Last Week Tonight host John Oliver successfully ran a spirited campaign for the pūteketeke, a bird native to New Zealand, in the country's Bird of the Century competition—so much so that it crashed the website.
In the end, the pūteketeke won out—much to the delight of the comedian's fans—but what really attracted attention was the campaign's absurdity, which is not atypical where Oliver is concerned.
Oliver's full-fledged campaign endorsing the pūteketeke extended beyond his show, encompassing billboards, movie-like posters, moving-car ads, and even international banners.
At one point, he joked:
"This is what democracy is all about: America interfering in foreign elections."
The host, clad in a bird costume he claimed was the pūteketeke, even appeared on The Tonight Show and spoke with host Jimmy Fallon about the oddball campaign.
John Oliver Campaigns for a New Zealand Bird of the Century Contest Dressed as a Pūteketeke Birdwww.youtube.com
The campaign ignited an impressive wave of enthusiasm. Forest & Bird, the organization behind the competition, reported a surge of over 10,000 votes overnight, surpassing expectations.
The organization issued the following message on X, formerly Twitter:
“John Oliver's campaign for the pūteketeke to win Bird of the Century has kicked off with more than 10,000 votes coming in overnight! Verifying emails is a massive ongoing job — as you can imagine!!”
However, the overwhelming response caused the voting system to crash, delaying the contest results until the following Wednesday.
The organization was hard at work verifying email addresses and had to urge fans to verify their votes to prevent voter fraud, adding:
"We know that earlier this week a large number of verification emails did not send due to our system being overloaded."
While Oliver garnered substantial support, not everyone welcomed his involvement warmly. Several media outlets and social media users voiced their discontent, defending their preferred bird choices.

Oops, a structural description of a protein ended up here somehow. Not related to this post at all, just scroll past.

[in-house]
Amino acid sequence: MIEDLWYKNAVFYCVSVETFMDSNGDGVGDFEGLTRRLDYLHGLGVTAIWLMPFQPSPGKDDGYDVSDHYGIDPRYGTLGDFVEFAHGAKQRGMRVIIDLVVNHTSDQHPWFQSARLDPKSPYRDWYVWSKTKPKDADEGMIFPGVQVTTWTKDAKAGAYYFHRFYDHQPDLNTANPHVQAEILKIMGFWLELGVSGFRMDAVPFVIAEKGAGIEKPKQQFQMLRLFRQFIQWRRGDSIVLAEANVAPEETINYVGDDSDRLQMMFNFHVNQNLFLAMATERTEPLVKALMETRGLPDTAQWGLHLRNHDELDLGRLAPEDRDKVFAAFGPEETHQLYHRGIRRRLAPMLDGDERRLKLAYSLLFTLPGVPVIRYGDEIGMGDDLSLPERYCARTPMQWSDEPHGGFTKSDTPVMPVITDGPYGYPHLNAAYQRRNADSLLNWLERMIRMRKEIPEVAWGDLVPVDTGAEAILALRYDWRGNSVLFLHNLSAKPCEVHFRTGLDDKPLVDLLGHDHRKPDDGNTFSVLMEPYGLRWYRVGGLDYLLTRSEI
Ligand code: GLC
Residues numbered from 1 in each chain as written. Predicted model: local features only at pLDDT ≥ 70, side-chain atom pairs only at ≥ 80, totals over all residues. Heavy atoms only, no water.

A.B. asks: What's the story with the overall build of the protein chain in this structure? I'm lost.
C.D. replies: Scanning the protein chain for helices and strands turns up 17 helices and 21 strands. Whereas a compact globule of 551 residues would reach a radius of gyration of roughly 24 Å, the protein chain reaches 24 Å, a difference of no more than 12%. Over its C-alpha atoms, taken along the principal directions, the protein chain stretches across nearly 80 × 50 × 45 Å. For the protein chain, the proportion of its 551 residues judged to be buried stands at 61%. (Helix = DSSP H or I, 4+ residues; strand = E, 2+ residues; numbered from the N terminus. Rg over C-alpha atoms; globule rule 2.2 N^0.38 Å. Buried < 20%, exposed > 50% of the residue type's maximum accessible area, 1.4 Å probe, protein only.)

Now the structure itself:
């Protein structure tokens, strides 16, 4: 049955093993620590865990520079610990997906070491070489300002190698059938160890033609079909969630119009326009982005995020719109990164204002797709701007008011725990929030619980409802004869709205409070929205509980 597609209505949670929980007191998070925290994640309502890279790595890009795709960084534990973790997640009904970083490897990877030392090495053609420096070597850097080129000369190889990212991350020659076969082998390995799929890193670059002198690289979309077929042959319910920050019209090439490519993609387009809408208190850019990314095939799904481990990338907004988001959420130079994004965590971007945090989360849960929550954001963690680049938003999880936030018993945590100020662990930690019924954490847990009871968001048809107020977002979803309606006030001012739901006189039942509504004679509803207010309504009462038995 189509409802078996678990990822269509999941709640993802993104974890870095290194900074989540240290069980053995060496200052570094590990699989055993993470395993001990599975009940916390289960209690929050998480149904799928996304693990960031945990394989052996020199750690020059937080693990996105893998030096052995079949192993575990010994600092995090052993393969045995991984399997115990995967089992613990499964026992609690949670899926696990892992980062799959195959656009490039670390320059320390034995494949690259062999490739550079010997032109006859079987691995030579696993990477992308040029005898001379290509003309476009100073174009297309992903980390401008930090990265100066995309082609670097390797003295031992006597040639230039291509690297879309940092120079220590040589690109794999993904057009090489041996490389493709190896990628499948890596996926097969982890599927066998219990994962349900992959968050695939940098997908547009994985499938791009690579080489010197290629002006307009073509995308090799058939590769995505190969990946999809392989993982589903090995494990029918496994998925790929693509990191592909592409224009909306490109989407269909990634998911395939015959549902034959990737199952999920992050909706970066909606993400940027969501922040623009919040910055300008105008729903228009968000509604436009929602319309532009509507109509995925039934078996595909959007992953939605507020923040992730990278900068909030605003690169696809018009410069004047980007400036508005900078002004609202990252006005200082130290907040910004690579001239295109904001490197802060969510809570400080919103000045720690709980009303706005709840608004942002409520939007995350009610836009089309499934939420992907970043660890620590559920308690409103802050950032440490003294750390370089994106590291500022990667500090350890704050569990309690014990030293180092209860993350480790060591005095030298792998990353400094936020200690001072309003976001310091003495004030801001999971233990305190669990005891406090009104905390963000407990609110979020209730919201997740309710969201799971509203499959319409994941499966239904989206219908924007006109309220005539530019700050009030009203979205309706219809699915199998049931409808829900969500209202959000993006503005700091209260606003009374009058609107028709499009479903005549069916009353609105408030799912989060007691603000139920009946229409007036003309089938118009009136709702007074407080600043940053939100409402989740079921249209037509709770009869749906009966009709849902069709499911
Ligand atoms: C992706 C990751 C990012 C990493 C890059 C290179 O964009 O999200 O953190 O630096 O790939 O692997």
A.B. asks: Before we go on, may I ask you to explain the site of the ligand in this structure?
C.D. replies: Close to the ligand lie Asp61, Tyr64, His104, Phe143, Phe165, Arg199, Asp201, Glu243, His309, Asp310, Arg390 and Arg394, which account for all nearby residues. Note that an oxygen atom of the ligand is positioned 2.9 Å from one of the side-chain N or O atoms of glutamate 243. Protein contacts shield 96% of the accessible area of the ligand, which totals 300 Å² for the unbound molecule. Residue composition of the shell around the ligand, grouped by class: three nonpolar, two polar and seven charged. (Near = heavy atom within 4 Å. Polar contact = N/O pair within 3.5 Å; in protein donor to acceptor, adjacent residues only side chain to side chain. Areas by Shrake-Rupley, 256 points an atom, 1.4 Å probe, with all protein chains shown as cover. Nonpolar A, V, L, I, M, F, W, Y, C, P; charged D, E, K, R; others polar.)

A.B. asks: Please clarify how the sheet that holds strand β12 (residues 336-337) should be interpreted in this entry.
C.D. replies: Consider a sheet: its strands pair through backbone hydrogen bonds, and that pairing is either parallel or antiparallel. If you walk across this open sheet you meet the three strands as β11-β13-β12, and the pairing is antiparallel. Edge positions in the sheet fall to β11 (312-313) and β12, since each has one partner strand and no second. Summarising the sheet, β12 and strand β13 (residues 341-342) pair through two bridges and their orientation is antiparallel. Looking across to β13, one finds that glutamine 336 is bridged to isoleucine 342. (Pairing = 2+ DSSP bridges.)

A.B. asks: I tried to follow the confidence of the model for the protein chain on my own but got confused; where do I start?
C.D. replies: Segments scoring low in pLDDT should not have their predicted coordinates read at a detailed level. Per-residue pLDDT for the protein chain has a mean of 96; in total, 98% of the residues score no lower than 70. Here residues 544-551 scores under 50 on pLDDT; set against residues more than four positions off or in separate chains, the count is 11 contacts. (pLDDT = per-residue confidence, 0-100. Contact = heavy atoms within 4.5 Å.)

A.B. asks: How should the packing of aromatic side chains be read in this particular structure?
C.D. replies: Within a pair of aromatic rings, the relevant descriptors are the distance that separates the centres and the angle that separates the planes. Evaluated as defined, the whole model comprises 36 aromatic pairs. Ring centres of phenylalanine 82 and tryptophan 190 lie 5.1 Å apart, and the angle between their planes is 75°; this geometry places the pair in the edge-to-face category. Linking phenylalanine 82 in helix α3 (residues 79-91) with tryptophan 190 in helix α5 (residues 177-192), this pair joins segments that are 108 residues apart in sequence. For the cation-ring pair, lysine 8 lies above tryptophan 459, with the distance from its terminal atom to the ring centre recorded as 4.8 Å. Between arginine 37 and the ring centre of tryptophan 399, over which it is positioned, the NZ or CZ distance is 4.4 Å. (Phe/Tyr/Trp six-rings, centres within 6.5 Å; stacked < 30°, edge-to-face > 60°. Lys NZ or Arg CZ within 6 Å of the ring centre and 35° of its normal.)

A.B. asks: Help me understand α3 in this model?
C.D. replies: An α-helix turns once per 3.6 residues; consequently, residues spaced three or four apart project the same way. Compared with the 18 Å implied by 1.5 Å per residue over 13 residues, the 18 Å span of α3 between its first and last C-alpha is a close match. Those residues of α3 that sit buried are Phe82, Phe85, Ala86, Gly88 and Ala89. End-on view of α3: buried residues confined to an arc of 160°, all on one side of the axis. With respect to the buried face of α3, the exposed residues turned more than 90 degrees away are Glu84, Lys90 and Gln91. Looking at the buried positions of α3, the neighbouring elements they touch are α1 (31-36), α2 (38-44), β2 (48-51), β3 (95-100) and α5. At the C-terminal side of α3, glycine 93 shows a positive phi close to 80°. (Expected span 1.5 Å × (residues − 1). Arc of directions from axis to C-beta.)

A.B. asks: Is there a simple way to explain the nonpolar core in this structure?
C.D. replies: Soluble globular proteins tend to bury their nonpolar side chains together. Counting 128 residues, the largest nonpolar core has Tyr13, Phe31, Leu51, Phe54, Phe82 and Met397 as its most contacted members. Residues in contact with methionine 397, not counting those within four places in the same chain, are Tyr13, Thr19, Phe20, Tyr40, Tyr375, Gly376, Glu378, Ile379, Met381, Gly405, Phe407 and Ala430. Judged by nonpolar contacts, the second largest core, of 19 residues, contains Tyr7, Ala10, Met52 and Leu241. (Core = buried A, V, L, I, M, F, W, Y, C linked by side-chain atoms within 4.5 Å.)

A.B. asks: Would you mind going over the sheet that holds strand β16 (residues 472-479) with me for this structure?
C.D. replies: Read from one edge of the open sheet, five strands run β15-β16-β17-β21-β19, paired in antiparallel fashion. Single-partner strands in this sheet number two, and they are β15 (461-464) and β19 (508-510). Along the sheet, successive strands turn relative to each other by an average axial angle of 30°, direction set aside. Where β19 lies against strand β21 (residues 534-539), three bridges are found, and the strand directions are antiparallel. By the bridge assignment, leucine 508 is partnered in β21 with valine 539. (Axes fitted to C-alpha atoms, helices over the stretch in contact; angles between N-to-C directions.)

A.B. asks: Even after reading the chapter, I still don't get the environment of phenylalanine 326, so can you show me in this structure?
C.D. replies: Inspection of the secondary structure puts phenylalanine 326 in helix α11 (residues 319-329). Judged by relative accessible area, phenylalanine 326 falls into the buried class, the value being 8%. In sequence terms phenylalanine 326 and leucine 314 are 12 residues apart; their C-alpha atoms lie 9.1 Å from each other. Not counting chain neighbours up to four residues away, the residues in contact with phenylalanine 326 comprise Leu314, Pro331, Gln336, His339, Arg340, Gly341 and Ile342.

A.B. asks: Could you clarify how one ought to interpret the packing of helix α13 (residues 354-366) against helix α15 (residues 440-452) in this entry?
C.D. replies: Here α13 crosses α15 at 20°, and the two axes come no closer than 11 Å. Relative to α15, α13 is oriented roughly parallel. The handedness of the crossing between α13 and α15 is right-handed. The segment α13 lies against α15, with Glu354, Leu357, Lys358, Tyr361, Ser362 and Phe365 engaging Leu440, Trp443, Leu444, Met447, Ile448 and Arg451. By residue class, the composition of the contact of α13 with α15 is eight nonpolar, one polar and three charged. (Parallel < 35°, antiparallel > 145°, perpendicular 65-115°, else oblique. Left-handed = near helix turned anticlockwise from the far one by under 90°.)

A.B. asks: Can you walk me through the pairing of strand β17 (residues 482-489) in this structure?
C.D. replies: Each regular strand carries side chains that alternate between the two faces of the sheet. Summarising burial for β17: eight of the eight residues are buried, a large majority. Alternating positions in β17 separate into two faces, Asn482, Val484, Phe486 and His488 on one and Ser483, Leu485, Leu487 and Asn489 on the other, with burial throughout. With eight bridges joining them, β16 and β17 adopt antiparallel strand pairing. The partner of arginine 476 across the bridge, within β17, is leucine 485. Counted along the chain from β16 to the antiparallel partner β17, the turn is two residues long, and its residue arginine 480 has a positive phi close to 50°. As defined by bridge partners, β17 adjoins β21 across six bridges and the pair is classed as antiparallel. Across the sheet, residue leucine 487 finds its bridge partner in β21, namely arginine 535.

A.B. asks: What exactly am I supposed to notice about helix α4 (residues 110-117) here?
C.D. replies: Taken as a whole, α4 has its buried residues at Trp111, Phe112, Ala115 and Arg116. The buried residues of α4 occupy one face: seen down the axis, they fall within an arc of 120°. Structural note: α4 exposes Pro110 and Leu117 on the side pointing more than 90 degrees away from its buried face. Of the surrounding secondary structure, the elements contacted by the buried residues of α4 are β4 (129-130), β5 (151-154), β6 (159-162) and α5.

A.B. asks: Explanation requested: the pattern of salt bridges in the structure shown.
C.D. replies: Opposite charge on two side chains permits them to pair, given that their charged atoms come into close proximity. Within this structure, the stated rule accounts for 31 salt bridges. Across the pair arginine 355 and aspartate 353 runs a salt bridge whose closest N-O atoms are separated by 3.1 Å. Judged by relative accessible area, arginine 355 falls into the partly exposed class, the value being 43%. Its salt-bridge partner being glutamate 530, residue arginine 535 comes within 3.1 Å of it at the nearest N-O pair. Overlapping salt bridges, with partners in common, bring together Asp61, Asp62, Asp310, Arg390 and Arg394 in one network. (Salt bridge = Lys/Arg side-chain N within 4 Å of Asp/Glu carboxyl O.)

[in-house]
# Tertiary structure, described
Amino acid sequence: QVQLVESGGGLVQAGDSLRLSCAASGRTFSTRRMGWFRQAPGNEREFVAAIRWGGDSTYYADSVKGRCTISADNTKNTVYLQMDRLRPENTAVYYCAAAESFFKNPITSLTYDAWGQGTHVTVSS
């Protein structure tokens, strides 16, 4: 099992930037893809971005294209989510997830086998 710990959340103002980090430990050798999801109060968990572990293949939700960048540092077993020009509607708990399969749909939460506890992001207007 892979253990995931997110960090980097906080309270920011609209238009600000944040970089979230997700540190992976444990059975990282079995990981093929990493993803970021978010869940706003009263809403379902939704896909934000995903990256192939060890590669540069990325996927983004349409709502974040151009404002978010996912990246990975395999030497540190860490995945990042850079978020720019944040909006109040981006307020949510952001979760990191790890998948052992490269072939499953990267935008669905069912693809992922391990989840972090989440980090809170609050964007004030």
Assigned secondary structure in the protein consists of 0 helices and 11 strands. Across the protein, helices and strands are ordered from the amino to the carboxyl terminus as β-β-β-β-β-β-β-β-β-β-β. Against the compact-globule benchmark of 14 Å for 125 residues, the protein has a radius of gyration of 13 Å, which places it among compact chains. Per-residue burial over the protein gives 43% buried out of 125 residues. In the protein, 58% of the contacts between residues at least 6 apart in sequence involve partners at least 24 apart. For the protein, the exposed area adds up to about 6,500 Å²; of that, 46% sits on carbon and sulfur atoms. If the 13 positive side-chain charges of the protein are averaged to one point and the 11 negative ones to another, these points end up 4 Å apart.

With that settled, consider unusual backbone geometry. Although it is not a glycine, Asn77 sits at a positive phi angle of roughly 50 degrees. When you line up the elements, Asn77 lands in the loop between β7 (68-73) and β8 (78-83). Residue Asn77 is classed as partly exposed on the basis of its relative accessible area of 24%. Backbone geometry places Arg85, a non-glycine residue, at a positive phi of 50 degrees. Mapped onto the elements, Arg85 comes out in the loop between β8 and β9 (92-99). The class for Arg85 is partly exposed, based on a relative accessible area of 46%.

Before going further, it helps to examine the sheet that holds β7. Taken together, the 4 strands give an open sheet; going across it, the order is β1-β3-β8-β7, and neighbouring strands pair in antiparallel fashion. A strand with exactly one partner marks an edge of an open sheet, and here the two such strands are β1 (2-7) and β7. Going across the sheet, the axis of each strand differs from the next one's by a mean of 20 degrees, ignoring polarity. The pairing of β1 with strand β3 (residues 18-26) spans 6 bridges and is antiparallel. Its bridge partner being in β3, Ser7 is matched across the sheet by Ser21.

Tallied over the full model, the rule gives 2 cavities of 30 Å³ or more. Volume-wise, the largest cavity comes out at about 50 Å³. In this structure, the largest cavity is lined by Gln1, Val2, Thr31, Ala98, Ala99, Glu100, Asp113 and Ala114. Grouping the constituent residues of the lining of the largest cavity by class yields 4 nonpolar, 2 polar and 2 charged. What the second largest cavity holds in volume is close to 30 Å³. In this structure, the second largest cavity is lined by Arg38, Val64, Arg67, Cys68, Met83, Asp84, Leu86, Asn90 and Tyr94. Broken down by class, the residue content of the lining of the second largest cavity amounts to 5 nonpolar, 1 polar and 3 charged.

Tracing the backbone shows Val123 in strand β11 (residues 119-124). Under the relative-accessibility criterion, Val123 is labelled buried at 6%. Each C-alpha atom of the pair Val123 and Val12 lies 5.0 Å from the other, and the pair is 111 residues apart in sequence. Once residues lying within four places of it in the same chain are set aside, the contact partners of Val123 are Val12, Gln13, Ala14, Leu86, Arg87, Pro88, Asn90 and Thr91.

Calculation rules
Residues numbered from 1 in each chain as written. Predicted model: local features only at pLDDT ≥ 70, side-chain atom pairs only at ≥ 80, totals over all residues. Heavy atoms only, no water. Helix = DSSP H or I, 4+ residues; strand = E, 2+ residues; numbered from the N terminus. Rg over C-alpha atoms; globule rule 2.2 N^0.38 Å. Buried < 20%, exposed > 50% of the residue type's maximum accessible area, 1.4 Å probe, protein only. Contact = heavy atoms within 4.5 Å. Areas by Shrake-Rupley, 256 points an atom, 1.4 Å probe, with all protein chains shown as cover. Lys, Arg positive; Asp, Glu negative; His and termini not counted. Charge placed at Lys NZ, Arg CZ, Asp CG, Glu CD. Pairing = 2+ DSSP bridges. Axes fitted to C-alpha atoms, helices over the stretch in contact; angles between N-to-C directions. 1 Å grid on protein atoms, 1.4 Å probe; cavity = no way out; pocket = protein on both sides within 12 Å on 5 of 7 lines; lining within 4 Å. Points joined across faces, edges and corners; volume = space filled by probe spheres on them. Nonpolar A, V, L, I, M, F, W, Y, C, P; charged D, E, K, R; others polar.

Some rival bird campaigns displayed grace amid the competition, while others openly challenged Oliver's influence with witty billboards and jibes, referencing his past voice-acting role as Zazu in Disney's live-action remake of The Lion King. In fact, one billboard declared, “the only bird worse than the pūteketeke is Zazu,” with a Photoshopped picture that shows Oliver with a Zazu beak and feathers.
Addressing the mixed reactions, Oliver clarified that his comedic jests about New Zealand stemmed from deep admiration:
“It’s not because I don’t like you, it’s because I f**king love you.”
“And for the record, all of your birds are great. And it would be an honor to lose to any of them when results are announced on Wednesday. And the reason it’s so easy for me to say that is, we’re not gonna lose are we? We’re gonna win, and we’re gonna win by a lot."
"And when we do that, the pūteketeke will be your Bird of the Century, and there’s nothing any of you can do to stop that right now. Maybe good luck next century, New Zealand.”
On Wednesday, Forest & Bird did not promptly disclose the ultimate count of votes. However, they did mention that the organization confirmed over 350,000 votes, a number exceeding the prior record of 56,700 votes in 2021 by more than sixfold.
The pūteketeke ultimately emerged victorious, with Forest & Bird announcing "BEAKING NEWS"—get it?—that "The pūteketeke Australasian crested grebe has won Bird of the Century 2023" and tagging Last Week Tonight in the process.
And people loved every minute of it.
Nicola Toki, the Chief Executive, expressed to The Associated Press the astounding nature of the situation before the winner was announced, describing it as "pretty crazy, in the best possible way."
New Zealand stands out due to the predominance of birds as the land's primary animals before human settlement. Toki highlighted this by noting the absence of lions, tigers, and bears in the country. Despite the majority of New Zealanders living in urban areas, she emphasized the enduring affection for nature among many of them, what she referred to as an "intangible and extraordinarily powerful connection to our wildlife and our birds."
The Bird of the Year contest has weathered previous controversies. In 2020, scrutineers discovered about 1,500 fraudulent votes for the little spotted kiwi. Two years earlier, a bat won the contest, as it was considered part of the bird family by Indigenous Māori.
This year, the organizers highlighted the removal of more fraudulent votes, notably discarding 40,000 votes cast by an individual for the eastern rockhopper penguin.